Last week I attended the 16th Annual Oppenheimer Technology, Internet and Communications Conference in Boston. Over 100 companies also attended, with 5 to 7 presenting simultaneously in different rooms, so unfortunately I could not attend all of them and concentrated my time on the communications presentations including: American Tower [AMT], AT&T [T], Ceragon Networks [CRNT], Cogent Communications [CCOI], Frontier Communications [FTR], KVH Industries [KVHI], RigNet [RNET], Verizon [VZ], and Vonage [VG] among others.
The major takeaway was pricing continues to fall for most players in the telecom industry. This is particularly true with bandwidth pricing at all levels – fiber, wireless and satellite. New technologies involving improved spectrum utilization are proliferating – new wavelength division in fiber, Wi-Fi, small cell offloading and LTE for wireless and new high throughput satellites for increased satellite capacity.
Frontier indicated their advantage that is allowing them to succeed while many other rural telcos are struggling is their investment in their infrastructure. Cogent indicated their advantage was buying distressed fiber systems pennies on the dollar that is now far more efficient than competitors’ copper-based solutions. AT&T and Verizon are benefiting from massive infrastructure that allows them to serve complex corporate applications. Vonage, which lacks such advantages, discussed a new $9.95/month service that seemed poised to barely break even and a move to the Brazil market which they hope will be less competitive. Meanwhile, the satellite players are struggling to come to terms with the potential disruption of new high throughput satellites. These new satellite also provide a full network solution but may bypass traditional systems operators giving the satellite operators a greater share of the end-customer value. Meanwhile, Qualcomm is seeking to use satellite spectrum in a ground-based system to provide in-flight broadband at much great rates that currently possible.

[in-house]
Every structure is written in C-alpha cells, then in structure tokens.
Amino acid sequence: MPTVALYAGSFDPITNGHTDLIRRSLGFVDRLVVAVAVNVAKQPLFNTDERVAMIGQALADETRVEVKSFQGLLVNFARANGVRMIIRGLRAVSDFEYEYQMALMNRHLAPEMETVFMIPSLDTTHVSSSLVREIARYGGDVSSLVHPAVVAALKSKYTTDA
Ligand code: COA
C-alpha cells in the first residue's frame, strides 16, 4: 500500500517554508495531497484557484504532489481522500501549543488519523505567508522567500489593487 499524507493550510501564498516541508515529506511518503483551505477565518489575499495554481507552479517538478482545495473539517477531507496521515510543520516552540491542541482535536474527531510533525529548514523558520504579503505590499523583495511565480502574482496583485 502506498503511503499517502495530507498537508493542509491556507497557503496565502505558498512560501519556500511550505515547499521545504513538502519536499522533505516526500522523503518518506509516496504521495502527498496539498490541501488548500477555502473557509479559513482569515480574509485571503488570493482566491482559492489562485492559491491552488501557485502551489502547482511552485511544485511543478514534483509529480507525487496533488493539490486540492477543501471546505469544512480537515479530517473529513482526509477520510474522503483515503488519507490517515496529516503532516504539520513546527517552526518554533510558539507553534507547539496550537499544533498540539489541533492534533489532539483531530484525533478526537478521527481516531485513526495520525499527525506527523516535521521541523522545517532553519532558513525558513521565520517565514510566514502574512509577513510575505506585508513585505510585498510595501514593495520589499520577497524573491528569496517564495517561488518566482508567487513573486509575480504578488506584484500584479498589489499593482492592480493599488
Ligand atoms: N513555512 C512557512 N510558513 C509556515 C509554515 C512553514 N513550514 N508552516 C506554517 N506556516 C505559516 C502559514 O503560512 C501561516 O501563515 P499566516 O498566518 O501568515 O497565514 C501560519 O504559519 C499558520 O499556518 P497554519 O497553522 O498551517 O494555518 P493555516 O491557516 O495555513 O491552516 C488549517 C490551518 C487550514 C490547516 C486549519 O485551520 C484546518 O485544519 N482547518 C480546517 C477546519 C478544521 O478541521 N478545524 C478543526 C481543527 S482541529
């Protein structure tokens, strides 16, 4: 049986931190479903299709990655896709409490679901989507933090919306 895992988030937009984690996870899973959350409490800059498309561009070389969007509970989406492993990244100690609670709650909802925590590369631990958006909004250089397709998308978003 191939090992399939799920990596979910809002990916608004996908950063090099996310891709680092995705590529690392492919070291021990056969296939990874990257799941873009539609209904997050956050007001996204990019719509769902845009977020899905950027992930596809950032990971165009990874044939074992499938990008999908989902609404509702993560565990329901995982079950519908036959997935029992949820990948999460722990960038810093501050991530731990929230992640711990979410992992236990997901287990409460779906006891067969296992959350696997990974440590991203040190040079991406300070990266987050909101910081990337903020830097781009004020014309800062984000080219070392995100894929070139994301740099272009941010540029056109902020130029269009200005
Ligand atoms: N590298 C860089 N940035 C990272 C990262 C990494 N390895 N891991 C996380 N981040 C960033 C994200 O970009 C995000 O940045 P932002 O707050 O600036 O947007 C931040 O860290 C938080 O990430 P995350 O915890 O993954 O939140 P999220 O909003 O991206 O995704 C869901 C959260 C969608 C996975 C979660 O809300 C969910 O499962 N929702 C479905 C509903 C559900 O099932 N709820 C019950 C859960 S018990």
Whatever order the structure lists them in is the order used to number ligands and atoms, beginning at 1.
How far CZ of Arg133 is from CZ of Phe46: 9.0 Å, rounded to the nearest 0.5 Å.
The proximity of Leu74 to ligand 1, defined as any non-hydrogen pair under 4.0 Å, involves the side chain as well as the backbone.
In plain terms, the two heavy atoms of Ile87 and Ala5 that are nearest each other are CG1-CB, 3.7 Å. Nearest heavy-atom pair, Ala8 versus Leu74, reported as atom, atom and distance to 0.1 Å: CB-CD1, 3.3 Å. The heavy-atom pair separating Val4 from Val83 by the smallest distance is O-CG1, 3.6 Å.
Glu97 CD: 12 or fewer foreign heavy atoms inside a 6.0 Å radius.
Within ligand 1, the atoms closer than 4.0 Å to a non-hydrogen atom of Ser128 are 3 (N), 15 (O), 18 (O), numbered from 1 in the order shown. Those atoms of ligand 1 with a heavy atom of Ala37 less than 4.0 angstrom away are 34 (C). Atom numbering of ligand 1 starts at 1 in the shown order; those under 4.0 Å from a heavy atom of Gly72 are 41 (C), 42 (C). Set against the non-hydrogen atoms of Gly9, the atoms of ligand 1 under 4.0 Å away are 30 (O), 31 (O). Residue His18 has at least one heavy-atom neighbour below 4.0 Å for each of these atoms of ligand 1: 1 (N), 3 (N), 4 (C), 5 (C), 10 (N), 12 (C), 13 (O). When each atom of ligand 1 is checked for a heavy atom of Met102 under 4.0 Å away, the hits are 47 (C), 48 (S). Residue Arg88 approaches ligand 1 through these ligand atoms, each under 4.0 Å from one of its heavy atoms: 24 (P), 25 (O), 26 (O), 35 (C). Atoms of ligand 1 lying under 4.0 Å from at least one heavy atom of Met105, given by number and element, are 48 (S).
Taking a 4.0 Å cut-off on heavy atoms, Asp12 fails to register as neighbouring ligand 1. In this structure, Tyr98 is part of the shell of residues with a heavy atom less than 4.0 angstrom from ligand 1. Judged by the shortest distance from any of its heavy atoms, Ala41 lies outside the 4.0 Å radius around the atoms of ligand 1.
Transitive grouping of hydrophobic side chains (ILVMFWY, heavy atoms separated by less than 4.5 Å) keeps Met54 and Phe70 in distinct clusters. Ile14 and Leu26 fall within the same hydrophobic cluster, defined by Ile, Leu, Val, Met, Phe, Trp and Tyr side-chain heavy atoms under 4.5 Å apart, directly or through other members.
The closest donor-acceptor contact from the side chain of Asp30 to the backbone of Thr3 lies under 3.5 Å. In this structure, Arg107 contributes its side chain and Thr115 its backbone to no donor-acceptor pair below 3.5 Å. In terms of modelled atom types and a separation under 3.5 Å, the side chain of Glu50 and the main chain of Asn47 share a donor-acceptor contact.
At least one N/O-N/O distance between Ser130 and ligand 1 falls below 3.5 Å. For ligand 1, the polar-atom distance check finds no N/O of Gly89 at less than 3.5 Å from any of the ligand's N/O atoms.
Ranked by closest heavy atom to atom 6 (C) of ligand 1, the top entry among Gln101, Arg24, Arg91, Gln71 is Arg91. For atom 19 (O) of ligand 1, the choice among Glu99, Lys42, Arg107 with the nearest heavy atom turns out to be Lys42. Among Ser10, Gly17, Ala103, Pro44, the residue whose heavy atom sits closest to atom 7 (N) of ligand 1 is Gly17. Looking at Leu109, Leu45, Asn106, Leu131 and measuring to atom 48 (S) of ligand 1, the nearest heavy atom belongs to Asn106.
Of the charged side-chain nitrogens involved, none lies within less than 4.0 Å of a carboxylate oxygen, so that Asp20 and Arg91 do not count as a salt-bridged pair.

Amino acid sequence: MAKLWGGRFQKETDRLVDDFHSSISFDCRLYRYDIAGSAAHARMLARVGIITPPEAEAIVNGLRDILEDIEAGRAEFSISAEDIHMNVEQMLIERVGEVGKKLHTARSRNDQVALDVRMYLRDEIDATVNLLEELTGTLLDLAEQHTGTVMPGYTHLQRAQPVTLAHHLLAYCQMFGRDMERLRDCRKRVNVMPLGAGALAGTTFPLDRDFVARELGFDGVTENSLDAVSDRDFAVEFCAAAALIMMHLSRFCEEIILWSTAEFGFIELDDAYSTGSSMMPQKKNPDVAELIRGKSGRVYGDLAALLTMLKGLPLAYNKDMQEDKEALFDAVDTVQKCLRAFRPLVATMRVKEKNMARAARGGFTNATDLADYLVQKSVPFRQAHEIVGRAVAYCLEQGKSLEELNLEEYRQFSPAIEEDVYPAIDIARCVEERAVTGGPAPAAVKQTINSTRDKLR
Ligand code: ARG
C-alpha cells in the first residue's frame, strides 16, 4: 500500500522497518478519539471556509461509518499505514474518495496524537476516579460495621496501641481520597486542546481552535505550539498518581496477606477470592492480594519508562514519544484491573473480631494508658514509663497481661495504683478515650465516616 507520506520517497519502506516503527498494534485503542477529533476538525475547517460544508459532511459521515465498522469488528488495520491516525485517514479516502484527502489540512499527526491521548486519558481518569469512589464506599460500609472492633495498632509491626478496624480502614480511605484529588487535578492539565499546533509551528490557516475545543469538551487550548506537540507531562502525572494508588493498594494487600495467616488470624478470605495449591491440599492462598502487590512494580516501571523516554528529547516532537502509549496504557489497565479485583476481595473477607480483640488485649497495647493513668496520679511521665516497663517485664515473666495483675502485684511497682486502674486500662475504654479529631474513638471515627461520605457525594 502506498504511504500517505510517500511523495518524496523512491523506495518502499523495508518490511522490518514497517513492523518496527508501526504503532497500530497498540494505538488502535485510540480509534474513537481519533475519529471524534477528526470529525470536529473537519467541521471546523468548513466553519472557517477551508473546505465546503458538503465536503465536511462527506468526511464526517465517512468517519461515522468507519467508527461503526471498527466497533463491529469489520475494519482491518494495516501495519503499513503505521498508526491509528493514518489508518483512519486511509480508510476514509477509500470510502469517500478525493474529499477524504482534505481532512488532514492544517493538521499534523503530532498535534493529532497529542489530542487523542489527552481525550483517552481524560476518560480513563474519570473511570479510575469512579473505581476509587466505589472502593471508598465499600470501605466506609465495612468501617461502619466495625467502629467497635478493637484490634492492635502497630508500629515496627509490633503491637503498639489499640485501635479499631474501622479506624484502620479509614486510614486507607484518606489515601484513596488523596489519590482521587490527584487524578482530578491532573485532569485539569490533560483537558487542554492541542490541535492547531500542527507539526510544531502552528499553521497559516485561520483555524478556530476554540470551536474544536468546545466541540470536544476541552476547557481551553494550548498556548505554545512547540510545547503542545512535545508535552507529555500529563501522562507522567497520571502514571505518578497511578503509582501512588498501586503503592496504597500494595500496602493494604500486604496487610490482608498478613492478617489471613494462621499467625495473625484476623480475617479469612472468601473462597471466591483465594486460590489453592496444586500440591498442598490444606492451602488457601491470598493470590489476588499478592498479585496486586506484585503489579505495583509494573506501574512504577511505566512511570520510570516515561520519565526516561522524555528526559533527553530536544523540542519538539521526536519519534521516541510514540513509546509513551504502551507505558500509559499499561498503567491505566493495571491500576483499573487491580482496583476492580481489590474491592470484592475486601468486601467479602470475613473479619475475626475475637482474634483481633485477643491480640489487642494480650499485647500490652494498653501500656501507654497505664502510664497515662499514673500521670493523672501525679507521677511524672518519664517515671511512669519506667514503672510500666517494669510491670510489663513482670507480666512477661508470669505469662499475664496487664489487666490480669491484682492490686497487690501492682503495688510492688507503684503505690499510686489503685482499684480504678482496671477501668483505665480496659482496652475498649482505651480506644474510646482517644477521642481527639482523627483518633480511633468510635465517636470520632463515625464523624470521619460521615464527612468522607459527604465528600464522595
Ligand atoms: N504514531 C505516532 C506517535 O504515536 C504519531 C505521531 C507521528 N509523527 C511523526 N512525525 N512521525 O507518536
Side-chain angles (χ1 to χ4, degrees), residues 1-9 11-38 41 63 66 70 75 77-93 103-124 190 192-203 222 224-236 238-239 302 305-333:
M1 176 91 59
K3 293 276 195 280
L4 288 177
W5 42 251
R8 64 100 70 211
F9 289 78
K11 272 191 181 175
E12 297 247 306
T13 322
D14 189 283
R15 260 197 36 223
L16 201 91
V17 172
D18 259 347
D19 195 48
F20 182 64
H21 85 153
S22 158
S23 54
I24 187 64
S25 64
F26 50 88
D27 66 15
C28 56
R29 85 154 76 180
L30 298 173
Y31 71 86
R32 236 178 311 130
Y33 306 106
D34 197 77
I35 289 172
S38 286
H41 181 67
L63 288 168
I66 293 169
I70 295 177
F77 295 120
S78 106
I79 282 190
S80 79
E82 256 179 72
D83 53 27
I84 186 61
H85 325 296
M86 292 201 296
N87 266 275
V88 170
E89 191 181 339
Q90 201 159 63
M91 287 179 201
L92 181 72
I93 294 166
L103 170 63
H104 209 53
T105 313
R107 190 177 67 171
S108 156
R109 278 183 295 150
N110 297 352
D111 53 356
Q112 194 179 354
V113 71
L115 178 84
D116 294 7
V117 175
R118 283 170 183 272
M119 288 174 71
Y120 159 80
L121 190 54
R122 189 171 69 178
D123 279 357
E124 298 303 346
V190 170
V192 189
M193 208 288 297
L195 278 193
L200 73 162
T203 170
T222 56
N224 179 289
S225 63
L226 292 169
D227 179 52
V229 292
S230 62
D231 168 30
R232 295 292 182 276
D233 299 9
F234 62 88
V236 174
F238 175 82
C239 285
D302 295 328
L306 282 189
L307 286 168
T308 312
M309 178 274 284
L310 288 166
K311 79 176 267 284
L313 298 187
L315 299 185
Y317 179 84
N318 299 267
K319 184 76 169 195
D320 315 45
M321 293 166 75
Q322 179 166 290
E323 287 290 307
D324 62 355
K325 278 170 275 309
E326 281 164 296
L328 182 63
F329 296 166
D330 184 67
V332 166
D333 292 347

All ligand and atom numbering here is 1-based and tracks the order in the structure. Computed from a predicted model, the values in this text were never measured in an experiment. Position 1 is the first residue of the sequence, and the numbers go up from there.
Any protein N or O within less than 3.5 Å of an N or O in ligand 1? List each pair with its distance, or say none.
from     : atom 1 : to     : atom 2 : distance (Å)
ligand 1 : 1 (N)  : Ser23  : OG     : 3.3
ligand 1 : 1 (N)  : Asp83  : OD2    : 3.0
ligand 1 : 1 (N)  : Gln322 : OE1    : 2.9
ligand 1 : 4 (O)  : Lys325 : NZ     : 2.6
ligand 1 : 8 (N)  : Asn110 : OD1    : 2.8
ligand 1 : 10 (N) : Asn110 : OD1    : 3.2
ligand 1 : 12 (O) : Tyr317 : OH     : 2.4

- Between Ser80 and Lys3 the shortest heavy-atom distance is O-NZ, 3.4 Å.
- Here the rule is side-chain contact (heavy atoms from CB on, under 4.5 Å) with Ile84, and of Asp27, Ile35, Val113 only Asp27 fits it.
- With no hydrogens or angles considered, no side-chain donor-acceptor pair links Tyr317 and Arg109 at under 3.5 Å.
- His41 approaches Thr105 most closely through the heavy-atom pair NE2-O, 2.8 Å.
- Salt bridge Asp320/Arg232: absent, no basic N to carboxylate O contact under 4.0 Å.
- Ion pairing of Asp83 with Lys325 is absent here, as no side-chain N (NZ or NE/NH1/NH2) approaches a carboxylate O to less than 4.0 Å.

Given the rapid bandwidth deflation, companies hampered by prior investments (and associated debt service) in older less efficient systems are at risk for cannibalization by competitors with more cost effective systems. This trend is nothing new in the TMT sector, but the scope of it appears to be larger than previously seen. It may lead to industry consolidation based on a company’s (in)ability to upgrade to the most efficient system versus it’s competitors. It’s also consistent with our earlier thesis of hardware/infrastructure (network equipment, satellites, small cells, wave division multiplexers etc), becoming a larger component of the communications value chain.